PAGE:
Avoid a graduation delay

“While the intent is certainly not to frighten anyone, it bears reminding that internship and residency programs require a copy of one’s diploma along with final transcripts before postgraduate training can actually begin,” says Dr. Brown. “Anything that delays that process could potentially even impact one’s place in the program.” He adds that since most OUM students are classified as International Medical Graduates (IMGs) some countries require ECFMG certification in order to begin postgraduate study, which also needs proof of graduation to complete.

Another factor not be underestimated is time. Students finish their clinical rotations and take their OSCE or USMLE Step 2 and think they just need a few days to complete their research. Wrong!

  • Development of the prospectus alone takes several weeks.
  • Approval of that may take a few days, longer if it needs revision.
  • IRB approval may take a couple of weeks, especially if there are questions.
  • If the student is using human subjects, especially in another facility, human subjects and ethics committee decisions may take a few additional weeks, depending upon that facility’s protocol.
  • Design and data collection will take several more weeks.
  • Data analysis, writing and revision process may take three to four weeks of dedicated work.
  • Once the manuscript is completed, it is submitted to a committee which reviews it along with other manuscripts.
  • There will likely be several rounds of revision and review before the manuscript is accepted for publication.
  • Start to finish, the process may take four to six months, or more, of diligent work.

“If the research project is the last thing between the student and graduation, it will take another three to four weeks for the bursar and registrar to verify that grades are in, confirm invoices as paid, produce transcripts, create the diploma, and assure ECFMG paperwork is complete,” says Chris Dudley, Deputy Vice Chancellor for Administration & Student Affairs.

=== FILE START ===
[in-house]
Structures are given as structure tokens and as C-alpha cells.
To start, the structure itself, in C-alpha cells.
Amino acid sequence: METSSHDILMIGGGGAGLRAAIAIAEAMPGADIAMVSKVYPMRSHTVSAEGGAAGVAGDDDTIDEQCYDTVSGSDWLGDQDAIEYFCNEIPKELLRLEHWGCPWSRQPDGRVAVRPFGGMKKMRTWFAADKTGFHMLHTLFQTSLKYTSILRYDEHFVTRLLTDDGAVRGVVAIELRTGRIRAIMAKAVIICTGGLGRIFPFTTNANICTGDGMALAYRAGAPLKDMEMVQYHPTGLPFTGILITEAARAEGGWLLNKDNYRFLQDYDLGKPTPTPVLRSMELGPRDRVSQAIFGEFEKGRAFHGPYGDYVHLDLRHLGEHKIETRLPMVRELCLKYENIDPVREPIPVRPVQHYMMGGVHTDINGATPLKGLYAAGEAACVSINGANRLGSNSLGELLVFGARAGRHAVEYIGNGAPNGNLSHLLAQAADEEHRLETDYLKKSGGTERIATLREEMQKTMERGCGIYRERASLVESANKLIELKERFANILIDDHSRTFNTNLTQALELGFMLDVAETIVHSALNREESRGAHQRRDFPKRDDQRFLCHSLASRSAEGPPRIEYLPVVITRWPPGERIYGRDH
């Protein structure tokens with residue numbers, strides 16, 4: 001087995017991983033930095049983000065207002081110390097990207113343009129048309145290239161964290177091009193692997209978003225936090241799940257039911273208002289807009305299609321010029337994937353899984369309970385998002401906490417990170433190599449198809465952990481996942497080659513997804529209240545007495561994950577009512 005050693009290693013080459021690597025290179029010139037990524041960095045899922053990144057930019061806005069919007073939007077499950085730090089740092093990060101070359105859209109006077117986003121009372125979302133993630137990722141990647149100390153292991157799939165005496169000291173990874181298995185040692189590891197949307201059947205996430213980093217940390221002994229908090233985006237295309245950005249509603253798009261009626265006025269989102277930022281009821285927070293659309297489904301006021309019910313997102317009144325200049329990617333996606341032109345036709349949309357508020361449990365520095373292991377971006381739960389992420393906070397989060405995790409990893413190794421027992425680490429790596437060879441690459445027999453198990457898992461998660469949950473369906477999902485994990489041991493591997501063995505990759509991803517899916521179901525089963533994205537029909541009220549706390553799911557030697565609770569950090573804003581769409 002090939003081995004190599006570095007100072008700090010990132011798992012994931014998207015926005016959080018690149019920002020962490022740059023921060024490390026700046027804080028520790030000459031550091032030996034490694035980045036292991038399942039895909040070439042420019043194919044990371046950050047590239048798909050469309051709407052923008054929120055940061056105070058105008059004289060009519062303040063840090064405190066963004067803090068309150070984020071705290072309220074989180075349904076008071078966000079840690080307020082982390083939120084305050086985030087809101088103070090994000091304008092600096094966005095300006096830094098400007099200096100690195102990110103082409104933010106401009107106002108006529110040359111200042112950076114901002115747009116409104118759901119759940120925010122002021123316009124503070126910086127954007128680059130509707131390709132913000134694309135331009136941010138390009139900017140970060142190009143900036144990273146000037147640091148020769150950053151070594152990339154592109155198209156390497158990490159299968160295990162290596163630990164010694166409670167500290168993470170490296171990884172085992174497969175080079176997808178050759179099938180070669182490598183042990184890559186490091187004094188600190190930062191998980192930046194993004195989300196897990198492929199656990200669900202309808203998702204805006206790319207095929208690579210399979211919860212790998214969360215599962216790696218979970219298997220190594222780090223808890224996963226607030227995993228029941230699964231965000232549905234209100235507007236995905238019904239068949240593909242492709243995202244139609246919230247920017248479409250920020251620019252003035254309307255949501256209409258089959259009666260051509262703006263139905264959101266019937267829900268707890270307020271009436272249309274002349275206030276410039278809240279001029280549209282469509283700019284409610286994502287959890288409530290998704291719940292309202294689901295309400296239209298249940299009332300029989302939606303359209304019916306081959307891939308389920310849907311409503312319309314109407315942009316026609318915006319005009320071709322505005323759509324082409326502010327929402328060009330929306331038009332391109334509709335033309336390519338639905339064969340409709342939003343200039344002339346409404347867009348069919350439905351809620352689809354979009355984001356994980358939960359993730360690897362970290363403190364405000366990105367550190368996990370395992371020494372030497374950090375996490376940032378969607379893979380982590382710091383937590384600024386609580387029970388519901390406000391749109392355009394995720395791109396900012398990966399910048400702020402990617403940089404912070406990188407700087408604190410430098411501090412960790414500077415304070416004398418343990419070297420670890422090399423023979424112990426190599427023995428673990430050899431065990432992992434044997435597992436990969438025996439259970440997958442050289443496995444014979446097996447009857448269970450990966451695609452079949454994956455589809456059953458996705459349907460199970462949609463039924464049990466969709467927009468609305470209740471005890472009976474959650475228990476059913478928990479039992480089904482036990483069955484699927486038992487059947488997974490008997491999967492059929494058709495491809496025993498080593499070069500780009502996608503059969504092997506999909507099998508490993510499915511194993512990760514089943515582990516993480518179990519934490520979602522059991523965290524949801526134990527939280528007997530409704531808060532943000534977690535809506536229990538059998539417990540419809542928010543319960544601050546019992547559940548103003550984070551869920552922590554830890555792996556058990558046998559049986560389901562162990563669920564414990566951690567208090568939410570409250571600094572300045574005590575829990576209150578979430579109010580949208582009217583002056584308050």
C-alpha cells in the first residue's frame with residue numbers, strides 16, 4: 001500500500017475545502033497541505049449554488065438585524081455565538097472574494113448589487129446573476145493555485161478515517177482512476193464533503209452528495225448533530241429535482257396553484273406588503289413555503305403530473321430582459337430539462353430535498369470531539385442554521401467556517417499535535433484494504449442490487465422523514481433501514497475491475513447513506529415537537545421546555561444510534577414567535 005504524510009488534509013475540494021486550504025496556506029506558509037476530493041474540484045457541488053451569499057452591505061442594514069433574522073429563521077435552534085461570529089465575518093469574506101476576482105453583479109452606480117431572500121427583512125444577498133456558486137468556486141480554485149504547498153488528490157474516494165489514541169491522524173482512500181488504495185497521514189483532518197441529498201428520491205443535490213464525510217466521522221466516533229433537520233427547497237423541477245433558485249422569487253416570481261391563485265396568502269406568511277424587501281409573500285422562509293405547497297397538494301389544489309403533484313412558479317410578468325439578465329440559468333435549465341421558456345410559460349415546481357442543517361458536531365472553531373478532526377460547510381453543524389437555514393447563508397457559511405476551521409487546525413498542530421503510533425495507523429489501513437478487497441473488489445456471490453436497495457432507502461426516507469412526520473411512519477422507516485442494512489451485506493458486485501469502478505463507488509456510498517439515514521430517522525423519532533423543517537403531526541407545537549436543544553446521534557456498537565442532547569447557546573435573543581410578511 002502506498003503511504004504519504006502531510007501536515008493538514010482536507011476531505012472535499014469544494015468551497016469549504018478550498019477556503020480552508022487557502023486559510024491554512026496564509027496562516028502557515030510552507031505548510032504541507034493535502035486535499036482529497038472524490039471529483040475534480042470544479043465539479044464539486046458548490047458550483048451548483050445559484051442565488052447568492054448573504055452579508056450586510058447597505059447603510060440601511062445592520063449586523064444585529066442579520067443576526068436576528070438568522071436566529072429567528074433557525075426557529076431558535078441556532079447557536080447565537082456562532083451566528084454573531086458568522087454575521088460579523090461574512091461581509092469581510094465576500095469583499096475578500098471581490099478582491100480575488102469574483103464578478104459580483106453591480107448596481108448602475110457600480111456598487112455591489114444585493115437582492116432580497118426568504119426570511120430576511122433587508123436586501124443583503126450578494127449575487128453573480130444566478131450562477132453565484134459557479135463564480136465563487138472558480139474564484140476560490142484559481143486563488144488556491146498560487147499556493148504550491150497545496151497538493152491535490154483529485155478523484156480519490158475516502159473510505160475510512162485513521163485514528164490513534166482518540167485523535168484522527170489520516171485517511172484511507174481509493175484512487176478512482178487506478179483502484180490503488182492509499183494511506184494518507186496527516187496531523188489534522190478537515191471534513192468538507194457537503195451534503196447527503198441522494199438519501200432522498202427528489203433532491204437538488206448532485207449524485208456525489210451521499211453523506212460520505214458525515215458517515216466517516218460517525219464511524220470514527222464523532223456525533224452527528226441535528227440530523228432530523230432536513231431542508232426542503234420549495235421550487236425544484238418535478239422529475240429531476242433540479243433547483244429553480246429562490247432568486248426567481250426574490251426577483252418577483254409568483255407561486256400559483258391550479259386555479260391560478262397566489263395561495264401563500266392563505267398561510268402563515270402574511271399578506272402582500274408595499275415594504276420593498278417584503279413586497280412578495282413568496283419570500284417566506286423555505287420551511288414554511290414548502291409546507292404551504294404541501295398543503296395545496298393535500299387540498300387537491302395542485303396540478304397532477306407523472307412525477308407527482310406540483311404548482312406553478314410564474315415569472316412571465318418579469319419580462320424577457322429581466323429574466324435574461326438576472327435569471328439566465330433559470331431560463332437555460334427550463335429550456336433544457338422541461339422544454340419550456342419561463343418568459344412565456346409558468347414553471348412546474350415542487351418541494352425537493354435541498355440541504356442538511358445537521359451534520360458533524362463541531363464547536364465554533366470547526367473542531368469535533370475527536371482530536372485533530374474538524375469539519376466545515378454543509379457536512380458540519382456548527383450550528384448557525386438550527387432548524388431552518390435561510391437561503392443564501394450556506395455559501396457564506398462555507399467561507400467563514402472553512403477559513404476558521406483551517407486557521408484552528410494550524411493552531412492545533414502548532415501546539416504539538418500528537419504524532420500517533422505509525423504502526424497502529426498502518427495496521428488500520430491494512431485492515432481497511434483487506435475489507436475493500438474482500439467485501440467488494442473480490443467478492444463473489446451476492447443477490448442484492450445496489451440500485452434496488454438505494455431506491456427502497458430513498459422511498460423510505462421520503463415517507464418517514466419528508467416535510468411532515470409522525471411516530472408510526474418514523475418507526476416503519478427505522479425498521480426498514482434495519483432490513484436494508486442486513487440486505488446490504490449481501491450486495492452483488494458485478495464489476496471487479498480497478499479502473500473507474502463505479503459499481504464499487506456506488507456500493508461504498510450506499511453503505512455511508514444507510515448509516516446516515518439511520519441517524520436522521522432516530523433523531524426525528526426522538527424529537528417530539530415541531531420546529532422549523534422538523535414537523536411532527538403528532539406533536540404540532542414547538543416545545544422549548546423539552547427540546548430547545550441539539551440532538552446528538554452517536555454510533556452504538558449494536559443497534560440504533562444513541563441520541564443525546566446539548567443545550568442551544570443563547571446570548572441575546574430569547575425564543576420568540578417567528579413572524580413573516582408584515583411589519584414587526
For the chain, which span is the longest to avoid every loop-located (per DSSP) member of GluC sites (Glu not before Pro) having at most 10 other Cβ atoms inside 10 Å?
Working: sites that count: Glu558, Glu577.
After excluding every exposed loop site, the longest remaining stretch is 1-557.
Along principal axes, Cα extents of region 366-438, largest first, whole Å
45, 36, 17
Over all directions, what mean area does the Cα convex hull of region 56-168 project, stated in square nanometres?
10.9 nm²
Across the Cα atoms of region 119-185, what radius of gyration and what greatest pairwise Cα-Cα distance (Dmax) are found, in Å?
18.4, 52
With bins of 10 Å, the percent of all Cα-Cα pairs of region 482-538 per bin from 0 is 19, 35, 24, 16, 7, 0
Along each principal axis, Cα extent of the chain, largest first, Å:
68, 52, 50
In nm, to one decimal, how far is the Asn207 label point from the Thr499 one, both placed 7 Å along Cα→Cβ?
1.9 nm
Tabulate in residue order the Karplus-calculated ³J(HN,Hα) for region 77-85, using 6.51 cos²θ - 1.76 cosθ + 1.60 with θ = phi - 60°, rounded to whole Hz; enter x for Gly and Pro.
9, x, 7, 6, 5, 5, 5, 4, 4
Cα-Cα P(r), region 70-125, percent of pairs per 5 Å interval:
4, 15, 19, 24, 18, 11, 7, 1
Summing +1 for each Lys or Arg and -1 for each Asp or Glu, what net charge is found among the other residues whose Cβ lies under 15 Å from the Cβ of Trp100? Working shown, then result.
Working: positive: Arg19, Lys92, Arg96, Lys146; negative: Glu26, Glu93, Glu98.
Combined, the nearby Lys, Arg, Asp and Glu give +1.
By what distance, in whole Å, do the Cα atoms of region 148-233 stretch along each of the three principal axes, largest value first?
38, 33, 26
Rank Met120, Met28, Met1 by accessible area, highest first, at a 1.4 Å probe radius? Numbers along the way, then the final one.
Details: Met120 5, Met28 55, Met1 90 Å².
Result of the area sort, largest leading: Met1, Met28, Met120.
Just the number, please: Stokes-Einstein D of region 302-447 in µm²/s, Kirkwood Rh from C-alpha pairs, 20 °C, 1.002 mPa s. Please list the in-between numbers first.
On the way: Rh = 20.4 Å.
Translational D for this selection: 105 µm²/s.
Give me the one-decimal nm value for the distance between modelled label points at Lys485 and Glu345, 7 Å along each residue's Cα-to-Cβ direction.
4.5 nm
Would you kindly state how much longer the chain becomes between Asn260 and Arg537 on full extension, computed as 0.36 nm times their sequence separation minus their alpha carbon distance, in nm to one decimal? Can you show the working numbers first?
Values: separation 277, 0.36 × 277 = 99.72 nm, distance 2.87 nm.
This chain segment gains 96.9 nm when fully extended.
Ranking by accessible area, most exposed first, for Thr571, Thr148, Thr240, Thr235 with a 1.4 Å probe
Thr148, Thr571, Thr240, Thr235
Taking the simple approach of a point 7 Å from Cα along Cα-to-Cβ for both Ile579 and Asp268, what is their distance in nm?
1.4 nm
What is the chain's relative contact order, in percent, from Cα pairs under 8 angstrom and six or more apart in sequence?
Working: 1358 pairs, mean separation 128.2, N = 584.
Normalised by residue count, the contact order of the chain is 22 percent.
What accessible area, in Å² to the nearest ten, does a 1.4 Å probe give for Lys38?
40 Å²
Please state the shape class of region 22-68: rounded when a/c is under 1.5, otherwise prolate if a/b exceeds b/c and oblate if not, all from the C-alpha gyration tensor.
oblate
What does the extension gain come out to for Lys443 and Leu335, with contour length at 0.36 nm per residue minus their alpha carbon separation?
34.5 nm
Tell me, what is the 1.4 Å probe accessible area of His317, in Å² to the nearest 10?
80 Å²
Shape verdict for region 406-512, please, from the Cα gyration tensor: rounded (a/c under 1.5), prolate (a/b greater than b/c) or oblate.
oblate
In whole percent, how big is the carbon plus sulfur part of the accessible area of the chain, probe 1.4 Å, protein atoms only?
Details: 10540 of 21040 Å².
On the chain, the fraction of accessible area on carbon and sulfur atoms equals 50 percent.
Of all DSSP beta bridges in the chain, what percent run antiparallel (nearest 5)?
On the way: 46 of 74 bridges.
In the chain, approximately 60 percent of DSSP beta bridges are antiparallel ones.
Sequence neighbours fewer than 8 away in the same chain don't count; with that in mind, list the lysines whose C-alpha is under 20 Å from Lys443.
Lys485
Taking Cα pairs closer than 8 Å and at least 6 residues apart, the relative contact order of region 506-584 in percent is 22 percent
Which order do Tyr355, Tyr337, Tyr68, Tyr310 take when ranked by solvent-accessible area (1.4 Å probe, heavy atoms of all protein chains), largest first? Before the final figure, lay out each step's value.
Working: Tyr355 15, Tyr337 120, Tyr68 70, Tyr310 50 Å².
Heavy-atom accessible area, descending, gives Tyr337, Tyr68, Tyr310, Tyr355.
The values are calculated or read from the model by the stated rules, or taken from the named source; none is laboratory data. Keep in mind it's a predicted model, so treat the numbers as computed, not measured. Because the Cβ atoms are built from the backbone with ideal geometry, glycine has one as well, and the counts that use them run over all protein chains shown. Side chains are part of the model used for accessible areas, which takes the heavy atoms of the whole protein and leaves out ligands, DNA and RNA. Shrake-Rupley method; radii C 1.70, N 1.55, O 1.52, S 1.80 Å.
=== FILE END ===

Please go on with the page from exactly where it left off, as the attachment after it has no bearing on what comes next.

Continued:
In an effort to assure that graduations are not delayed in the future, at its March meeting, OUM’s Academic Board amended the original Research Requirement so students matriculating in Term 1904 and beyond will not progress to the curriculum’s clinical phase until his/her prospectus has been approved by the Director of Research, which also signifies completion of the Research Methodology course.

“This amendment will help relieve the bottleneck which has been resulting from students waiting until too late in their program to begin their research projects,” says Dudley. To also help current pre-clinical students stay on schedule, Research Advisors, Academic Advisors, and all faculty will strongly encourage securing prospectus approval before beginning clinical rotations, for those students who still have the opportunity, he adds.

Don’t be intimidated

Whatever the reason for delay, those who have not yet begun their projects need to simply get started. Be proactive. Put aside any former feelings of fear, confusion, or perhaps intimidation.

Retired from the US Army just prior to enrolling at OUM, fourth-year student Robert Duprey worked at Walter Reed National Military Medical Center near Washington DC, USA.  There, as a psychiatric nurse practitioner, he was trained to cross-reference research into his clinical care.  Robert thinks his classmates should give themselves more credit and not view the research project as intimidating.

“To most people, what we do every day is ‘intimidating.’ We’re in medical school!” says Robert, who regularly attended Research Club to assist in getting his project together.  “But, admittedly, I’m a little geeky in that I find research very exciting.”